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Barney Oldfield's Race for a Life (1913)

 -  Comedy | Short  -  2 June 1913 (USA)
6.2
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Ratings: 6.2/10 from 188 users  
Reviews: 9 user

Virtuous Mabel rejects the improper advances of a villainous cad. The furious villain and his henchmen then seize Mabel and chain her to a railroad track. Mabel's anxious boyfriend turns ... See full summary »

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Title: Barney Oldfield's Race for a Life (1913)

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Cast

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Mabel
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Mabel's Boyfriend
Ford Sterling ...
The Villain
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Himself
Raymond Hatton ...
Loyal Henchman
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Storyline

Virtuous Mabel rejects the improper advances of a villainous cad. The furious villain and his henchmen then seize Mabel and chain her to a railroad track. Mabel's anxious boyfriend turns for help to the great Barney Oldfield, who jumps in his racing car and speeds to the rescue. Written by Snow Leopard

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Comedy | Short

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2 June 1913 (USA)  »

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1.33 : 1
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Trivia

Fourth of twelve movies that starred The Keystone Cops. See more »

Connections

Referenced in Mabel's Dramatic Career (1913) See more »

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User Reviews

 
A goofy treat for silent comedy fans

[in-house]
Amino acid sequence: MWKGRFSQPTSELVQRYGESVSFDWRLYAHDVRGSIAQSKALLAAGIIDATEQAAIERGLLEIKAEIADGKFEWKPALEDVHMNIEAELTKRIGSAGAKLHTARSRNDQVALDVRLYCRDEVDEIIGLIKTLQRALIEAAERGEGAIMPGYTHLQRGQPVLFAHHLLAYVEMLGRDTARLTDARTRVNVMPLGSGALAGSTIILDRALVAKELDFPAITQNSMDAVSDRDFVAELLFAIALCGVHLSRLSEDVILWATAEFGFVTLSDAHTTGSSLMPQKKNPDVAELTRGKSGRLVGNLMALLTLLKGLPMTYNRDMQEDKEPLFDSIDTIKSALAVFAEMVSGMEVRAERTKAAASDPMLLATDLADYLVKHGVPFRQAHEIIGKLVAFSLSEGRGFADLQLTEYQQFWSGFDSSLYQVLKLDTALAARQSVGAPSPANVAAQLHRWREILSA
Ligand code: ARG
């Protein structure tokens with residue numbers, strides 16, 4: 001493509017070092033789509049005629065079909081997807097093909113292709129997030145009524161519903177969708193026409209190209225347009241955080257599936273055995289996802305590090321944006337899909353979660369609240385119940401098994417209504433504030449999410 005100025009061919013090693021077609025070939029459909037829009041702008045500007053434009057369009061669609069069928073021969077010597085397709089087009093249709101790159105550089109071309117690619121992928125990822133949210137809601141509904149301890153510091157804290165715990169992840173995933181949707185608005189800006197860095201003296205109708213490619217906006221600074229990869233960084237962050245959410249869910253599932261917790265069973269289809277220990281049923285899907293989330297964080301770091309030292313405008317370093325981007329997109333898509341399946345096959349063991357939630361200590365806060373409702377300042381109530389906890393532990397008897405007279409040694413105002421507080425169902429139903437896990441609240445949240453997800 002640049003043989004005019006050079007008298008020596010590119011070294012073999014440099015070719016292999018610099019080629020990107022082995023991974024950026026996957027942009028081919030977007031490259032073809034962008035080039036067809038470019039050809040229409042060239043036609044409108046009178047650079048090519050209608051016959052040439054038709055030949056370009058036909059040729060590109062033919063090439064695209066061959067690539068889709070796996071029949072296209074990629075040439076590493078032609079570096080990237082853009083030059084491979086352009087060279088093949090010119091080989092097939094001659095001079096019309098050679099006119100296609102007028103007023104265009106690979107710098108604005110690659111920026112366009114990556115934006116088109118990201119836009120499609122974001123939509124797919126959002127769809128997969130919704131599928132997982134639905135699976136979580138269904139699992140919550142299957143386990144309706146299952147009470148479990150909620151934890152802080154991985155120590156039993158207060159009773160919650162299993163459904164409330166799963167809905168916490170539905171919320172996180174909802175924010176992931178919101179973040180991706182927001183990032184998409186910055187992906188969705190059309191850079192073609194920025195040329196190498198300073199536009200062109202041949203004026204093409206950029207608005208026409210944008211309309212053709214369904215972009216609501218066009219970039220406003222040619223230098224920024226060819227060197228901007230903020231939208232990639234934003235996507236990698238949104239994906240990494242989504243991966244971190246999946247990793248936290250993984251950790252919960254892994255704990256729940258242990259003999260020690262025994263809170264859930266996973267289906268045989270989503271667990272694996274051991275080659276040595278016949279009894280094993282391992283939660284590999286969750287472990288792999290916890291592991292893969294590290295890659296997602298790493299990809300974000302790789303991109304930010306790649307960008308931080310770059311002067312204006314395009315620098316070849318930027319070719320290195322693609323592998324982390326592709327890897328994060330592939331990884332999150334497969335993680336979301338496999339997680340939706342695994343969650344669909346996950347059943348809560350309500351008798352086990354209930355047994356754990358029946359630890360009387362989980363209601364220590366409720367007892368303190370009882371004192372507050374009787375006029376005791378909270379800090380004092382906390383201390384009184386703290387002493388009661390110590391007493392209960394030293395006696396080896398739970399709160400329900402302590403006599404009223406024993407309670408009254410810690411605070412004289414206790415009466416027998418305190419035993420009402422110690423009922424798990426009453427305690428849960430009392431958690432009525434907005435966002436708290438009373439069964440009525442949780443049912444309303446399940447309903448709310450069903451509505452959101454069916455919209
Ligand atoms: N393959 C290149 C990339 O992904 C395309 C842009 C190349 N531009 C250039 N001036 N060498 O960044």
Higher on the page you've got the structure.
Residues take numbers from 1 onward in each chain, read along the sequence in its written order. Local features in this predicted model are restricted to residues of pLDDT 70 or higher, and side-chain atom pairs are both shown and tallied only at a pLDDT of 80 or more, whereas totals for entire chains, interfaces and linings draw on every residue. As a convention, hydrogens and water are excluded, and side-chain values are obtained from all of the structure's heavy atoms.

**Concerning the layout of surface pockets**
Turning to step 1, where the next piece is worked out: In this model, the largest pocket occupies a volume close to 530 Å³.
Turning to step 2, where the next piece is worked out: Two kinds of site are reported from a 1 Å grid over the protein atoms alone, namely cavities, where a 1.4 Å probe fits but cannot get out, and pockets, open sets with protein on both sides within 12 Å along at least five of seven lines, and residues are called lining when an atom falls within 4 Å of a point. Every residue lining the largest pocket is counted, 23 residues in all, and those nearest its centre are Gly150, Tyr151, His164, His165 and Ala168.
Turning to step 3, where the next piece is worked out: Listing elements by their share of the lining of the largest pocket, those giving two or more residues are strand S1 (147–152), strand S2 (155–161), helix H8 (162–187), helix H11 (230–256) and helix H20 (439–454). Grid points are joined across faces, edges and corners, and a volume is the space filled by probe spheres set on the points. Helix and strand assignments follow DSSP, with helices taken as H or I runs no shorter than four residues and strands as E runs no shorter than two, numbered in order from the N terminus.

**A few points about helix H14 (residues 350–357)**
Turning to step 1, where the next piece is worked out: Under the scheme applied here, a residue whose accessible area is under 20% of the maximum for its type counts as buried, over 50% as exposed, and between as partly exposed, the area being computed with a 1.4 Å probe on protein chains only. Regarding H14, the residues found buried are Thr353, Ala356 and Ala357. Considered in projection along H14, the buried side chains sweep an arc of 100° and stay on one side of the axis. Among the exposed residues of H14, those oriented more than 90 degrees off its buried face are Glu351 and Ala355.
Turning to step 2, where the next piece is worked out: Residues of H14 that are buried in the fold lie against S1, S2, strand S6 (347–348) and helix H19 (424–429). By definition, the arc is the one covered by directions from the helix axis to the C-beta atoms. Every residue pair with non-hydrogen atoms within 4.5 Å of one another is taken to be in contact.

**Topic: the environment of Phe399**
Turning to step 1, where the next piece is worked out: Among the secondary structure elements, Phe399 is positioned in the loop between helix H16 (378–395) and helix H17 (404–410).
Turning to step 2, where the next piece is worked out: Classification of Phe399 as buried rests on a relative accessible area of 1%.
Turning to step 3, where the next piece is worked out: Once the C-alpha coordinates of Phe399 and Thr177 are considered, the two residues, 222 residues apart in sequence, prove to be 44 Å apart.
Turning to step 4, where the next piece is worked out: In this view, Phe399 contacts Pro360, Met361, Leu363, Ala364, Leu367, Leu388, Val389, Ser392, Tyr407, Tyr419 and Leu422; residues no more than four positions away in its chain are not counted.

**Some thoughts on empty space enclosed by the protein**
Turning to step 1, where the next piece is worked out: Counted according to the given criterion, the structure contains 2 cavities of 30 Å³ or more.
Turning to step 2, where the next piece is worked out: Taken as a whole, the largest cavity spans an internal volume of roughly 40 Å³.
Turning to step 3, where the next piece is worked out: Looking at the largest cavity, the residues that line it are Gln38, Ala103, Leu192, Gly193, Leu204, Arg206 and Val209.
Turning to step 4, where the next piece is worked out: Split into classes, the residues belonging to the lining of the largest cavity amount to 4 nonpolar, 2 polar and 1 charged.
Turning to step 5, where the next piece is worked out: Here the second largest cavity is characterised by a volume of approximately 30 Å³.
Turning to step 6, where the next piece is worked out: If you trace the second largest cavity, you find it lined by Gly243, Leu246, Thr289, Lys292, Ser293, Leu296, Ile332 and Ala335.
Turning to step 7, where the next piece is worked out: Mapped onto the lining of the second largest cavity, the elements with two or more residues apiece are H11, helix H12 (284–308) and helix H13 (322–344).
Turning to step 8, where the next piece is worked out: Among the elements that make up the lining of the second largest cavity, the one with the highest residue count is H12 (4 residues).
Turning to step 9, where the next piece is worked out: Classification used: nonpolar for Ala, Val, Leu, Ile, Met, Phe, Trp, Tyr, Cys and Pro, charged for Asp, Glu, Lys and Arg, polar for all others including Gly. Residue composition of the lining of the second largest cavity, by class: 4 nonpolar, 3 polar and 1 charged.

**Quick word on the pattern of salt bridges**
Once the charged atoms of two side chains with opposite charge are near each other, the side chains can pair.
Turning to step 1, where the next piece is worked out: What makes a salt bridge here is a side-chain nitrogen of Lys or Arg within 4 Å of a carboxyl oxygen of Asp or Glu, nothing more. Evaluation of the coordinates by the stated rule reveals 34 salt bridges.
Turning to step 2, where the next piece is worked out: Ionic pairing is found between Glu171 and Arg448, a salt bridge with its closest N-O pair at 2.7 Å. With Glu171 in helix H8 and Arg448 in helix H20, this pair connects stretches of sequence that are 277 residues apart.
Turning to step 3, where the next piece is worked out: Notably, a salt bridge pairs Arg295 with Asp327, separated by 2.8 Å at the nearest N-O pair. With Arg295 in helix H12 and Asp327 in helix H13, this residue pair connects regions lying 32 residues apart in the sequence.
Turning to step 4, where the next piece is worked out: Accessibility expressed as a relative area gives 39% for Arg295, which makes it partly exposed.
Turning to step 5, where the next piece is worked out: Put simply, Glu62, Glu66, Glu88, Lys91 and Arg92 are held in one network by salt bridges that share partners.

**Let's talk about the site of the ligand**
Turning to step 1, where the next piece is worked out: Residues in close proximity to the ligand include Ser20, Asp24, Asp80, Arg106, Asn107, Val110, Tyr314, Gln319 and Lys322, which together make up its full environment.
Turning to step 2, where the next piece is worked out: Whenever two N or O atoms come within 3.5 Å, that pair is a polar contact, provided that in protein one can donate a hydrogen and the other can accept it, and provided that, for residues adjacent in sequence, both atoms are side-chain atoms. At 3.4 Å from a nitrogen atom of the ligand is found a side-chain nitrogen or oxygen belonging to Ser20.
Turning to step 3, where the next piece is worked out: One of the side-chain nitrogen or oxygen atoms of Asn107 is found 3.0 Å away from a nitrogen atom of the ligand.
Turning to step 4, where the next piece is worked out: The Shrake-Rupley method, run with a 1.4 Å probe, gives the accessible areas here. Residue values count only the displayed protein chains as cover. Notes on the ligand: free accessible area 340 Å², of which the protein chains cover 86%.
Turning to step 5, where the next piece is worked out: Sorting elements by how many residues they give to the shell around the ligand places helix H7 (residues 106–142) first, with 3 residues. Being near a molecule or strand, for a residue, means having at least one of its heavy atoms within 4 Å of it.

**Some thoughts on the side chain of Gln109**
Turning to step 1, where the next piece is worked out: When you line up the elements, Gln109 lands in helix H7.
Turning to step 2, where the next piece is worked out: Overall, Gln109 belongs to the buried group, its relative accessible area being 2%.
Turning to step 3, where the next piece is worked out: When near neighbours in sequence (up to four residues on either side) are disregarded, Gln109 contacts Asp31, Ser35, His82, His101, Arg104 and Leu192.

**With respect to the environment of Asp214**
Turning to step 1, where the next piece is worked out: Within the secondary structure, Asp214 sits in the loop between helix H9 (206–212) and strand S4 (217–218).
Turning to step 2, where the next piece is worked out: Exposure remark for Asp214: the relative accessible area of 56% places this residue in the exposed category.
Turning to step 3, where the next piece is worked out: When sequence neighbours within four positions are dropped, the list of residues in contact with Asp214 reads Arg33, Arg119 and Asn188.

4 November 2001 | by (Westchester County, NY) – See all my reviews

I'm sure most silent comedy buffs are familiar with this beloved chestnut, now available in Kino's "Slapstick Encyclopedia" collection, but even viewers unfamiliar with Keystone comedies are likely to get a kick out of it. 'Oldfield' pokes fun at conventions of stage melodrama that were considered hokey even in 1913, and the actors overplay with great vigor. Legendary producer Mack Sennett portrays the lovesick rube, and Mabel Normand flashes her big brown eyes at the camera, but it's Ford Sterling who makes the strongest impression. This may well have been Sterling's most memorably hammy performance, and he certainly looks like he's having the time of his life: he struts, grimaces, and twirls his mustache, then summons his henchmen with a snap of his fingers, and they instantly appear. Sterling was the biggest male star on the Keystone lot before Chaplin arrived, usually in villainous roles, and he gives this one everything's he's got. Hero Barney Oldfield is the only one who underplays; he was a celebrity when this movie was made, a real-life race track star, back when they still wore goggles and scarves. Mr. Oldfield comes off as a rather bland, good-natured guy surrounded by lunatics.

This is the kind of movie (much parodied in later days) where the villain, jilted by the girl, seeks vengeance by having her tied to the railroad tracks. The suspenseful finale features the frenetic Keystone Cops, a last-minute rescue, and a surprise closing gag that is genuinely funny. As noted above, the melodramatic plotting would have been familiar to audiences of the time from stage plays, but the cinema itself was still such a novelty it all must have seemed new again, what with the added bonus of verisimilitude, i.e. real train tracks and a real train, enhanced with a bit of rudimentary cinematic trickery in the shot where Mabel is rescued, right in the nick of time. No wonder the actors threw themselves into the project with such gusto: despite the familiar trappings, they must have enjoyed participating in something so new and exciting. That exhilaration still comes across when we view this film today.


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